Richard North, 17/09/2018  
 


So, speculation which lifted off in The Times in the earlier part of this month has died a death in the same newspaper ten days later. Thus, no more are the extravagant claims that the heads of state and governments were preparing to dump Barnier, rip up the draft Withdrawal Agreement and lay down a carpet of flowers to welcome Mrs May to Salzburg, where a sweetheart deal awaited her, decorated with a pretty ribbon bow. 

Sadly, there will be no flower-strewn paths for Mrs May. Rumours "swirling in Brussels" that EU leaders would agree a new mandate for Barnier at Salzburg have been scotched. "This expectation is totally wrong", says one of those ubiquitous, anonymous EU diplomats.

Instead, a new narrative awaits. EU leaders are now expected to offer the UK prime minister "little more than kind words". Hopes of a Brexit "breakthrough" at Salzburg are gone, leaving the prospect of meeting the "looming autumn deadline" somewhat hanging in the air.

The Times picks up Midair Bacon's claims that UK negotiators were "closing in on workable solutions to the outstanding issues" – already denied by Brussels - wrongly linking this with Barnier's supposed claim that a deal was "possible" within six to eight weeks, omitting to add the "realistic" qualification.

But, having given some credence to the hope that things were getting close, it then shoots that hope down in flames, restating what we already know – that the talks have made no progress on the most difficult issue - the Northern Ireland "backstop".

As expected, attempts to seek what is loosely termed as a "breakthrough" have been deferred until after the Tory conference. Seemingly, our "EU diplomats" are now so "wary" about any initiative they propose being twisted and used against May by "ultra" MPs that they have decided to hold off on new proposals until she gets through her annual jamboree.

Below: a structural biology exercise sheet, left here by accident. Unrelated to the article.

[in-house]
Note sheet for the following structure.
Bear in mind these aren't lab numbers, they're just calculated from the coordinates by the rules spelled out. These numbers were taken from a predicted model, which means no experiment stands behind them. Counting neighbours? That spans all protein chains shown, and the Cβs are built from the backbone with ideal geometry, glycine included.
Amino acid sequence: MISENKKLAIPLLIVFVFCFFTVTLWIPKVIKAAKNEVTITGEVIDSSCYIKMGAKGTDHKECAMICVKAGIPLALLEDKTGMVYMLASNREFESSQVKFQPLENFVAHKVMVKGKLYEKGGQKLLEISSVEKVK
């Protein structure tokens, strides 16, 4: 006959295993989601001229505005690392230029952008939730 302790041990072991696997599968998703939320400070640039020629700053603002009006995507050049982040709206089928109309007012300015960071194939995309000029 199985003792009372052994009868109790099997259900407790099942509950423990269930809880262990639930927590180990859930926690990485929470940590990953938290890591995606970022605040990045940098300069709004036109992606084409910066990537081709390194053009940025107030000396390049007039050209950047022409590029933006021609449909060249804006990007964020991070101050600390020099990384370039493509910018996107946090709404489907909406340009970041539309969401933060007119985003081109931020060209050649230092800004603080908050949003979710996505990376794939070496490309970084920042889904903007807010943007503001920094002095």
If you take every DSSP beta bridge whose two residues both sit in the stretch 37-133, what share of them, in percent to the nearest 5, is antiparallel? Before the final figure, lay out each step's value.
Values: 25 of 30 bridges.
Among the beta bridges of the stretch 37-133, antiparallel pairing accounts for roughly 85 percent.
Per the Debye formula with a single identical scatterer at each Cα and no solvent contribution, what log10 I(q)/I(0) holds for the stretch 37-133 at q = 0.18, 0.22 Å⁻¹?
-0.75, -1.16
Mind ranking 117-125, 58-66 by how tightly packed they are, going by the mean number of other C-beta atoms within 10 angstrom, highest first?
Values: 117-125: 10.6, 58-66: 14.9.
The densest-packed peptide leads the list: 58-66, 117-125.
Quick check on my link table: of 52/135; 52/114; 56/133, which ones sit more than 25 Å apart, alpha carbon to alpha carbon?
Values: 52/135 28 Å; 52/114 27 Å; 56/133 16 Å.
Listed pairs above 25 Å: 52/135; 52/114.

In fact, there never was the slightest chance of a "breakthrough". The bubble of the Brussels hothouse is every bit as prone to fantasising as the Westminster equivalent. This still has Peter Oborne in the Mail on Sunday, earnestly declaring that he has spoken to "well-informed sources" close to the British and European sides of the Brexit negotiating teams, on which basis he detects "signs of a breakthrough". There's a mood of optimism, of friendship even, he says.

You pays yer money and makes yer choice on that one, as Oborne has Mrs May bypassing Barnier and dealing directly with Macron and Merkel. Otherwise, it looks very much as if the European Council meeting at Salzburg – once the focus of endless speculation – has reverted to its original status as a mere "stock-taking exercise". Another helpful but anonymous diplomat has been roped in to declare: "The less that comes out of this summit, the better for everyone".

With any expectations of progress at the October Council having already been discounted, the next milestone is a possible emergency meeting in November, yet to be agreed. A date may be the only substantive thing to come out of Salzburg, and even that may not be agreed.

All this puts the talks right at the edge. Barnier initially set October as the deadline and any extension cuts into the time set aside for ratification. The time allowance, however, undoubtedly had some inbuilt flexibility which means a delay is unlikely to be fatal.

The question then arises as to what might happen if the parties fail to reach a new agreement in November. We are led to expect that this will be the end of the process, but it beggars belief that everyone will sit tight, twiddling their thumbs until the time runs out in March and we leave without a deal.

Before we even get to November, though, Mrs May's plans have to run the gauntlet of Tory activism, with the oaf Johnson doing his level best to sabotage Chequers and undermine the negotiations from the London end.

His latest stunt is to mount a full-frontal attack on it in today's Telegraph column, asserting that it is a "constitutional abomination". If Chequers were adopted, he writes, "it would mean that for the first time since 1066 our leaders were deliberately acquiescing in foreign rule".